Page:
Prior to the 5% price hike on NHS dental charges on April 1 this year, the British Dental Association (BDA) had warned that many patients would be discouraged from seeking the care they need if it went ahead.
A subsequent 5% increase is planned for April 2017, which will mean that in just two years, a band one course of NHS dental treatment will have risen from £18.90 to £20.60; a band two course of treatment from £51.30 to £56.30; and a band three course of treatment from £222.50 to £244.30.
However, it seems that the price increases aren’t the only concern of the BDA. A survey coincidentally released on April 1 from the BDA has said that the payment system at the heart of the NHS dentistry contract is failing patients in the most need.
The survey found, worryingly, that 93% of dentists said chasing government targets is limiting their ability to care for high-needs patients – individuals who often require complex or repeat treatment.
A further 83% said they were hamstrung by the system, which meant they were unable to do as much preventative work as they needed to. Almost 70% said their ability to take on NHS patients had been limited as a result.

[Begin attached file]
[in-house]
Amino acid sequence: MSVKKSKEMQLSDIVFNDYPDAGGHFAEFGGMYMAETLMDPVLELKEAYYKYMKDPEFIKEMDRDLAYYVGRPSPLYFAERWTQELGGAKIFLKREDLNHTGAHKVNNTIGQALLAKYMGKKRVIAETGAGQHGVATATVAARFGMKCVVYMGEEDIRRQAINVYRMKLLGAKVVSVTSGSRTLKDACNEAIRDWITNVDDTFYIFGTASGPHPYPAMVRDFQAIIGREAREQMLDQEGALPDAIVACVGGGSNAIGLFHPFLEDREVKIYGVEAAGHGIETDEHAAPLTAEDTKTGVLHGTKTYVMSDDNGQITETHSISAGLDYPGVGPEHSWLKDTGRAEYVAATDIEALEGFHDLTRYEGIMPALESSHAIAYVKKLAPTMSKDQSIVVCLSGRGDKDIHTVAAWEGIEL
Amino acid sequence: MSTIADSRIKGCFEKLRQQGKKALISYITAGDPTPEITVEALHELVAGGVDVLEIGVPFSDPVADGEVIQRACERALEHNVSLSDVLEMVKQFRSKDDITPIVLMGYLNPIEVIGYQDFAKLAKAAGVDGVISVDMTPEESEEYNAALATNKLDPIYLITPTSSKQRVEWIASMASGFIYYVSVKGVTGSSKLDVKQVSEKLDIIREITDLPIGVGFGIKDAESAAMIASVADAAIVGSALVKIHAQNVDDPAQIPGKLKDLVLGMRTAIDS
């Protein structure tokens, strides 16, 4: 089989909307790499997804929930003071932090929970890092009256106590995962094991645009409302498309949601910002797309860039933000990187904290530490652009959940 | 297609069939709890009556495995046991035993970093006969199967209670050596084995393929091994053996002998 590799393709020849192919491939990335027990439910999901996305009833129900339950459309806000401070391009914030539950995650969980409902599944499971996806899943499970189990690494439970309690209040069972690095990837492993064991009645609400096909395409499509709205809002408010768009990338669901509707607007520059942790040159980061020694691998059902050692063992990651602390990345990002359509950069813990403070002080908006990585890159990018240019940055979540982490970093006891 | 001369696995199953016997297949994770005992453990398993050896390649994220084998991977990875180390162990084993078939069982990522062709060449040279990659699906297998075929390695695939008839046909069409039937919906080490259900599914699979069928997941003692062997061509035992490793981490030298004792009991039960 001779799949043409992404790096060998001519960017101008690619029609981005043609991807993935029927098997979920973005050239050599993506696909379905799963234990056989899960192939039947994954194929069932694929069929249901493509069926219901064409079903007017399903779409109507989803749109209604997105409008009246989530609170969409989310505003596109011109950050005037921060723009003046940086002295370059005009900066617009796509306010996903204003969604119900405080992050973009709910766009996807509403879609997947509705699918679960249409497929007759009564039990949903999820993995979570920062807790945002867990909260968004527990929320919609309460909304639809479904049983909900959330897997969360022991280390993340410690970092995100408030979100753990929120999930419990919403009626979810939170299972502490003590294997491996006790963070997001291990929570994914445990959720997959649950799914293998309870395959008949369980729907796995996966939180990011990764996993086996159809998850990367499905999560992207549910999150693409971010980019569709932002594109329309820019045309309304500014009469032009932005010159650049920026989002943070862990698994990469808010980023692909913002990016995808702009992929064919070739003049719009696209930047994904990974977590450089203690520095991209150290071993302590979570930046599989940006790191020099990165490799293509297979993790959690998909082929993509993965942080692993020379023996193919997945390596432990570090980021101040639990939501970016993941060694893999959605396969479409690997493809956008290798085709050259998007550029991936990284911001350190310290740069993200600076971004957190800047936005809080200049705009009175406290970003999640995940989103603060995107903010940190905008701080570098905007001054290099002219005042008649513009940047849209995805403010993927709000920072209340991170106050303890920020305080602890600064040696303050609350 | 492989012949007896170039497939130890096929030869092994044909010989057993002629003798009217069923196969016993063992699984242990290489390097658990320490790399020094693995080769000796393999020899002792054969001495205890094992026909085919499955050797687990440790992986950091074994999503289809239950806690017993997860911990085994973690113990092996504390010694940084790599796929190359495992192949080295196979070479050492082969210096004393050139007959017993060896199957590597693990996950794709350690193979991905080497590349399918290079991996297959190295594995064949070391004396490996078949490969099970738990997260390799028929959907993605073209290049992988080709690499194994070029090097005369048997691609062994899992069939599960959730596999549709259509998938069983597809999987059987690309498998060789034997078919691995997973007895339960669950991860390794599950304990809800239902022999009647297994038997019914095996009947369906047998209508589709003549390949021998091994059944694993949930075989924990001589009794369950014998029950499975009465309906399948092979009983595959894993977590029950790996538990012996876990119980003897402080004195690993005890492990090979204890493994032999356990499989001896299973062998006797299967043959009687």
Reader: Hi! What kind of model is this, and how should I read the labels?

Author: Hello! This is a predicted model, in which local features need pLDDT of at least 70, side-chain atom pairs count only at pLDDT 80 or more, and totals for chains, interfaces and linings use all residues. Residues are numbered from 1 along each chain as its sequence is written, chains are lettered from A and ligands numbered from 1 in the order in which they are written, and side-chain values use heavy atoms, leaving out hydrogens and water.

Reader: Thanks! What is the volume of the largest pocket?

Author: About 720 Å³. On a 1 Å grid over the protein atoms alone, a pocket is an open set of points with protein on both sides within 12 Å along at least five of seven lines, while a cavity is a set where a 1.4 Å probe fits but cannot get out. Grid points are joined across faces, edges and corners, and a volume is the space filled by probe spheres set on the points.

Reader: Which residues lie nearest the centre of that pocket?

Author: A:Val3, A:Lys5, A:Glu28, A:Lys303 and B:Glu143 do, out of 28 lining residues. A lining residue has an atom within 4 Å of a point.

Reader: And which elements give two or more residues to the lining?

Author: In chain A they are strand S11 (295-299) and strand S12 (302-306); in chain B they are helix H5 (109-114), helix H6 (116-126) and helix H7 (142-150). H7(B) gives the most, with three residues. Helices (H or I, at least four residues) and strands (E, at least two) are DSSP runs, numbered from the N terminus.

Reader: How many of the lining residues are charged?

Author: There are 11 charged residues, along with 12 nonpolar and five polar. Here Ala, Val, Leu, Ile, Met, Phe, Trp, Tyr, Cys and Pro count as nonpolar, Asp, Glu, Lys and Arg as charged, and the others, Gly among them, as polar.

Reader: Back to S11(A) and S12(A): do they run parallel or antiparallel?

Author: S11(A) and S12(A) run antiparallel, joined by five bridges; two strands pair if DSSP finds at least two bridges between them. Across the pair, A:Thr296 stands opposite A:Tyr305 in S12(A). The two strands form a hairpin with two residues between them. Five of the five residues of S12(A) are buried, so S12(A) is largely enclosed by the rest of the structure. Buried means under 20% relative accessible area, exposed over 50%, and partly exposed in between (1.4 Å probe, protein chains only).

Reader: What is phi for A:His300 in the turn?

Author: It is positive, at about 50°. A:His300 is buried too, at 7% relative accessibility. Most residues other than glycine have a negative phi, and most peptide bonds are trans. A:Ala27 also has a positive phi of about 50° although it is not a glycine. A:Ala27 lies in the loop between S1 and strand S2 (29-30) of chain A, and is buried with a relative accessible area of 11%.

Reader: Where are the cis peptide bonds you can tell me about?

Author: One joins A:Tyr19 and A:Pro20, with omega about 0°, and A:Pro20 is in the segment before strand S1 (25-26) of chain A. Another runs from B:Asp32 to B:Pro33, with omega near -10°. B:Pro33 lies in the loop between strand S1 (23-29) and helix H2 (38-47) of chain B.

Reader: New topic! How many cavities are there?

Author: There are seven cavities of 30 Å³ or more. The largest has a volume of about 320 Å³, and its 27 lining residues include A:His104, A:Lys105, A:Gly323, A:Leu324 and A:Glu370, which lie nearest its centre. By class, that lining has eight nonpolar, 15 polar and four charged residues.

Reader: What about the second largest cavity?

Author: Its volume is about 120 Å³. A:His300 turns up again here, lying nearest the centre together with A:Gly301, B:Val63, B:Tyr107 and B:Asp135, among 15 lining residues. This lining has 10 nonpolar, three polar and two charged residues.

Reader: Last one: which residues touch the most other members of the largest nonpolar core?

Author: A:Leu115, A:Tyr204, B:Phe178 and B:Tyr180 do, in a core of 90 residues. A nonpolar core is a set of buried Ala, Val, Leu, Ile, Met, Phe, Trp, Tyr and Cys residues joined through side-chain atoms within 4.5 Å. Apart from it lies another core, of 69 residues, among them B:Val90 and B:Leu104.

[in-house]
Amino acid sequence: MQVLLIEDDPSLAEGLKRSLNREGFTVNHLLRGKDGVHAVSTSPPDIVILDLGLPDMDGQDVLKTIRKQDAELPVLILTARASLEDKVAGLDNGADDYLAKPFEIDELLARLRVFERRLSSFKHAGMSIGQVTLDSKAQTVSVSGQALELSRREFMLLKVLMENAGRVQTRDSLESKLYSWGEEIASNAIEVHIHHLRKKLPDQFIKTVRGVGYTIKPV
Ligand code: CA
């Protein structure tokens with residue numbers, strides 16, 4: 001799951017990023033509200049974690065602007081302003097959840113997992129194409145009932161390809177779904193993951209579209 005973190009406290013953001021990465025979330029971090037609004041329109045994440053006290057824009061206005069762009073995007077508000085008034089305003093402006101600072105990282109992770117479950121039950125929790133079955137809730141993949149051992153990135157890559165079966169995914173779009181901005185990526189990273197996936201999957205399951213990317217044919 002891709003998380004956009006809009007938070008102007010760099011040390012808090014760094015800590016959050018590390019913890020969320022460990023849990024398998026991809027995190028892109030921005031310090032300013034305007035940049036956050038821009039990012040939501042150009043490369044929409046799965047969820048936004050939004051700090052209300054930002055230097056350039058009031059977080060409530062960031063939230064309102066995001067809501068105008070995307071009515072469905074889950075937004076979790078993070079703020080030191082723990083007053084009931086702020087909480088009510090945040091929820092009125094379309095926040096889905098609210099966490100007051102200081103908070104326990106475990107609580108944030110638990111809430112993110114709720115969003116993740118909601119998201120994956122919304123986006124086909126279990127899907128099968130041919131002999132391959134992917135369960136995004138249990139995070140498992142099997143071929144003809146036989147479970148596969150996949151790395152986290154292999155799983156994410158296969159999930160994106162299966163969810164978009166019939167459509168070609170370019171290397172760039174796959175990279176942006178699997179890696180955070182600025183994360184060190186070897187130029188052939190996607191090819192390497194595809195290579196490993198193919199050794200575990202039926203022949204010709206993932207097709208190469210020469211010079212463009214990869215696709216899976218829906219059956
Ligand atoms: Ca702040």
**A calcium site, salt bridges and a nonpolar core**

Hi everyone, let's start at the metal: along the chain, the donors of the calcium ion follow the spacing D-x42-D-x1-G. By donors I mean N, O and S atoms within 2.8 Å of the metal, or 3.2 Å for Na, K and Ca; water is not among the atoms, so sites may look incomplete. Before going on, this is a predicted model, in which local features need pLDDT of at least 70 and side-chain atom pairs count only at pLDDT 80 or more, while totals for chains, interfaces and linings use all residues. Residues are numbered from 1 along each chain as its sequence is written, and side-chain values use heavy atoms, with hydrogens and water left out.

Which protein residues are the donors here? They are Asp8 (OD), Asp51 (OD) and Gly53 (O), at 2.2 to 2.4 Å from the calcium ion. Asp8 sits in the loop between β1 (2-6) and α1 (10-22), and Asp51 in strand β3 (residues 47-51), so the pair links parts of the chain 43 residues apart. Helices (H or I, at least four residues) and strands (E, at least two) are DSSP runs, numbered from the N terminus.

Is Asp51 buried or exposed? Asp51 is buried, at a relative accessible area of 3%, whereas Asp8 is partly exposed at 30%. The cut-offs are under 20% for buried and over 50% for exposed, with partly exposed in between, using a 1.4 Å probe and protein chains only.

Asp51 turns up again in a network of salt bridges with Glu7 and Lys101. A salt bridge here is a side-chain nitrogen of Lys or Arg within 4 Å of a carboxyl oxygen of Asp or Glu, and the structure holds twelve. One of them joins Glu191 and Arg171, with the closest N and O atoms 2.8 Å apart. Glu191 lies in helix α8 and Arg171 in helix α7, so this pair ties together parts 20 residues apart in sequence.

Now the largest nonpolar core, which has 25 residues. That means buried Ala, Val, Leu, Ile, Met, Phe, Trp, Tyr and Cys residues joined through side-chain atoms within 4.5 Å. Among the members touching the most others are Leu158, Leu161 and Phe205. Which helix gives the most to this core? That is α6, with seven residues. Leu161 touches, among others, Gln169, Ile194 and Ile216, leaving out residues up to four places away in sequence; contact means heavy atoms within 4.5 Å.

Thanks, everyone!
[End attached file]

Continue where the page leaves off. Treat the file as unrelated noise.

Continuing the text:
Over 85% of dentists surveyed said the NHS dentistry contract was restricting the time they could spend with patients.
Even though the government has said that it is testing alternatives to the current contract, the BDA said it remains committed to a model based primarily on activity targets.
It’s a reality that has seen leading dentists call upon the Prime Minister to honour past commitments and ensure prevention is at the core of any potential reform package.
Henrik Overgaard-Nielsen, chair of the BDA’s General Dental Practice Committee, said: “The survey shows that those in most need have become the least welcome in NHS dentistry, thanks to a system that puts government targets before patient care. We are seeing the results of a conveyor belt model of provision that has left dentists without the time or the freedom to deliver the treatment their patients require.”
Overgaard-Nielsen added that dentists are being paid the same for one filling as they are 14, while many subsidise care for high-needs patients from their own pockets.
He finished by highlighting that the problem at present is three-pronged: “We receive financial penalties when we don’t hit targets, receive no compensation when we exceed them, and have no scope to take on new NHS patients, even when we have capacity.”
With poor oral health now estimated to cost the UK economy a staggering £36.6 million a year, the importance of dental work has never been greater for both individuals and companies alike.
Corporate dental plans are a great way for employers to attract new employees, as well as retain the ones they already have. Despite this, just 40% of UK companies have a corporate dental plan in place (Denplan research).
Premier Choice Group can help businesses find the perfect level of dental cover for their needs and budget. Contact us today to find out more about how corporate dental plans can benefit your business.
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